[vc_row css=”.vc_custom_1565542682041{margin-right: 0px !important;margin-left: 0px !important;}”][vc_column css=”.vc_custom_1565542696462{padding-right: 0px !important;padding-left: 0px !important;}”][/vc_column][/vc_row][vc_row css=”.vc_custom_1565542751414{margin-right: 0px !important;margin-left: 0px !important;}”][vc_column width=”1/4″][/vc_column][vc_column width=”1/2″ css=”.vc_custom_1565622195563{padding-bottom: 50px !important;}”][vc_column_text el_class=”title-event”][post_title][/vc_column_text][vc_column_text el_class=”author-pers”]By Shahnaz Nur Firdausi, Monika Merdekawati, and Zulfikar Yurnaidi[/vc_column_text][vc_column_text el_class=”date-venue-news”][post_date][/vc_column_text][vc_column_text el_class=”text-par-news”]

Following the Paris Agreement in 2015, Indonesia has committed to reducing greenhouse gas (GHG) emissions by 29 percent under a business-as-usual scenario by 2030 in its Nationally Determined Contribution (NDC). It has also committed to achieving 23 percent of renewable energy (RE) in its primary energy supply by 2025.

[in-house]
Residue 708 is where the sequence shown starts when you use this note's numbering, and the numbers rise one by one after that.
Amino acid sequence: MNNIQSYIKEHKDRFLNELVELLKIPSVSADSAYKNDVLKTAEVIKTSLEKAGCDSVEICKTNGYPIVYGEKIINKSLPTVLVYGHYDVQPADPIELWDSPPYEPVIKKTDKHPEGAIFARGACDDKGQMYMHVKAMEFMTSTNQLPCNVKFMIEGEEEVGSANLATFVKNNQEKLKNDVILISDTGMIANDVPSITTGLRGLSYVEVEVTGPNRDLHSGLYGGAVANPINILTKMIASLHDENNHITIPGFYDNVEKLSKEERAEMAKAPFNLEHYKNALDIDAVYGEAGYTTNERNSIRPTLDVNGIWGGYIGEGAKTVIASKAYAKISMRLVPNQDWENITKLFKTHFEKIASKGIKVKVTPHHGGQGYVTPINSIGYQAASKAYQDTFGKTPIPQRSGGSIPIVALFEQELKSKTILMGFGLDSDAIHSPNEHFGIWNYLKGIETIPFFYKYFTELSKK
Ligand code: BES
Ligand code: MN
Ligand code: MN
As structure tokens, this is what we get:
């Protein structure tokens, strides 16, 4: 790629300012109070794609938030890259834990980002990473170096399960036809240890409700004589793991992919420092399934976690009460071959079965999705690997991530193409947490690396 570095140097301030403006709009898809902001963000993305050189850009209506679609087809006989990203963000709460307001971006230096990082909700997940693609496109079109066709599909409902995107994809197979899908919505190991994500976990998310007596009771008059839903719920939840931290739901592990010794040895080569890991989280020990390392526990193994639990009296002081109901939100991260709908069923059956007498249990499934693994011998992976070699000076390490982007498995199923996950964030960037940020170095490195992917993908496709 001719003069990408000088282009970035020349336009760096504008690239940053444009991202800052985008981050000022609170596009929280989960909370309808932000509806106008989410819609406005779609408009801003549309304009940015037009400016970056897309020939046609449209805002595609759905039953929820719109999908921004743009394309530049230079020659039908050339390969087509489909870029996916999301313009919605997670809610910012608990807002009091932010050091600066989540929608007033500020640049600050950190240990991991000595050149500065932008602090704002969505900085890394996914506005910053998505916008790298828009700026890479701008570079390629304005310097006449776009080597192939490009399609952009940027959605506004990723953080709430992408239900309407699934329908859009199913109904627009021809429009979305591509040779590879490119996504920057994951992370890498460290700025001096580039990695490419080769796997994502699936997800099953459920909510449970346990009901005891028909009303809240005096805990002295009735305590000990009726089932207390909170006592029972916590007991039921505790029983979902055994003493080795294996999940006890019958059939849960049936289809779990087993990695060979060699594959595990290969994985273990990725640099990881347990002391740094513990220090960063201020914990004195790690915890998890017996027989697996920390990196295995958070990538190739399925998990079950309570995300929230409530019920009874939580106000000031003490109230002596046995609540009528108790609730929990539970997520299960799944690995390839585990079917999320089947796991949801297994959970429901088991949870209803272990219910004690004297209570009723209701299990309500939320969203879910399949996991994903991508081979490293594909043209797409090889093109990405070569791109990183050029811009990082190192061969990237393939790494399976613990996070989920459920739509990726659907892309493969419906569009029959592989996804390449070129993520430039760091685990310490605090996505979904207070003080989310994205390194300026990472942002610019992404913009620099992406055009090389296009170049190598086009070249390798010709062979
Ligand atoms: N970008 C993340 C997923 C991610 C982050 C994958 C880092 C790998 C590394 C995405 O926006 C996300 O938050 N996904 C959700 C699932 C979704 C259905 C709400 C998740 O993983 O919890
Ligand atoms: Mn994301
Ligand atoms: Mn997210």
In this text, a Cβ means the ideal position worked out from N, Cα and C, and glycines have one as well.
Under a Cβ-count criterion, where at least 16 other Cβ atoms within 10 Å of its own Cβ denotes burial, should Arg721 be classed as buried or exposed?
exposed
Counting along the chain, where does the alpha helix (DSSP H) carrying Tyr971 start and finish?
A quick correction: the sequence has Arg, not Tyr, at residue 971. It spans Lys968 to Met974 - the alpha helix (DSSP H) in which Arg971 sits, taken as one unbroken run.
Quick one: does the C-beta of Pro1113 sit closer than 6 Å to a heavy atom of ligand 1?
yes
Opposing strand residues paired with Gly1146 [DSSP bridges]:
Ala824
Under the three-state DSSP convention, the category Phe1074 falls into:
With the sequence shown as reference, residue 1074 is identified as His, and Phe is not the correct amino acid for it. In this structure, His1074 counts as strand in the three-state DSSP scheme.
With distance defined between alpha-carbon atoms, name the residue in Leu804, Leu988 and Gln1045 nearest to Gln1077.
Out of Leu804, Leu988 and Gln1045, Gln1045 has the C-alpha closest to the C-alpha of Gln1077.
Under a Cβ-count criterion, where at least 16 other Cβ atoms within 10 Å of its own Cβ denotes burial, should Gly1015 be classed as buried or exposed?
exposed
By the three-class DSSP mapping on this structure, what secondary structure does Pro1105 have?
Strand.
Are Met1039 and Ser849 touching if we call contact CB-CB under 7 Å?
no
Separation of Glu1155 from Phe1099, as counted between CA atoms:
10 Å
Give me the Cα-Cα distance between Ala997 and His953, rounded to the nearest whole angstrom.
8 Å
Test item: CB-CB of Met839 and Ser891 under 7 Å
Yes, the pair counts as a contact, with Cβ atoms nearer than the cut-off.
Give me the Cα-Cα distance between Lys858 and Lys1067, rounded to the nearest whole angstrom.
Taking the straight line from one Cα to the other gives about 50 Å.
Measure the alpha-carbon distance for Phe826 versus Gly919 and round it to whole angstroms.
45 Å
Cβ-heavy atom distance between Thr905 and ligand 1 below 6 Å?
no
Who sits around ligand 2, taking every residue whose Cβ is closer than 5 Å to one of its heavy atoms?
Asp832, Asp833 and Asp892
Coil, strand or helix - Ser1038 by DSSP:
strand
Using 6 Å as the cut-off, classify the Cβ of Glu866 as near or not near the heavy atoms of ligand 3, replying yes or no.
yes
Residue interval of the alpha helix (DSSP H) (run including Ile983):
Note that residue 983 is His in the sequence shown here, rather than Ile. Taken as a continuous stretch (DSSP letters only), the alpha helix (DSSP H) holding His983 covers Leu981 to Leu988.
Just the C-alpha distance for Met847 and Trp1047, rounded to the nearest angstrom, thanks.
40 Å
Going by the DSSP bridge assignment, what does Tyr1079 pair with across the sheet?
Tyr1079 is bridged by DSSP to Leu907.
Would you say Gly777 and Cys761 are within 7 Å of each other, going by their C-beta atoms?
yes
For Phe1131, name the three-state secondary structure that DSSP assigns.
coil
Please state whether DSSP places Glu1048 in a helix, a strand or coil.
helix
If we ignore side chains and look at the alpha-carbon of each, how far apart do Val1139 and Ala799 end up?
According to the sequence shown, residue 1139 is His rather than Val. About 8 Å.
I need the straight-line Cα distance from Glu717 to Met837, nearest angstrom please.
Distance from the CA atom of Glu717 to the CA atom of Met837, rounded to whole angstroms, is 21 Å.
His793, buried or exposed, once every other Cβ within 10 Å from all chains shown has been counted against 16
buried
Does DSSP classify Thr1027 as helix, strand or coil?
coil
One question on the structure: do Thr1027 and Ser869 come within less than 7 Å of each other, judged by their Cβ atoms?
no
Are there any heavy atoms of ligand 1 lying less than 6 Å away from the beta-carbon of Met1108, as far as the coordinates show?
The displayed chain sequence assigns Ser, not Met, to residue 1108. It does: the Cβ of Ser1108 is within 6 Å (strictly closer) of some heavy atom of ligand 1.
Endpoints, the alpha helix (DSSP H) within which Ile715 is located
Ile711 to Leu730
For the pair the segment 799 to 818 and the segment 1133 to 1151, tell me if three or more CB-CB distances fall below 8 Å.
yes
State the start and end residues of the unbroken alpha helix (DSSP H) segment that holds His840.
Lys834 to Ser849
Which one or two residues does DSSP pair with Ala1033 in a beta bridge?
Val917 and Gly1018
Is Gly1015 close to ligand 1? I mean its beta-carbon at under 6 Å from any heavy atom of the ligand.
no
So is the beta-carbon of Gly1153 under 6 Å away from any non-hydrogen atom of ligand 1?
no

A critical part of both efforts is biofuel, with the government targeting production of a 30 percent biodiesel blend (B30) by 2020 through to 2050, and a 20 percent bioethanol blend by 2025, to be increased to 50 percent by 2050. By 2020, however, Indonesia had achieved just 11.5 percent.

The original article can be found here.

Pic by @ybenardi – Pixabay.[/vc_column_text][/vc_column][vc_column width=”1/4″][/vc_column][/vc_row]

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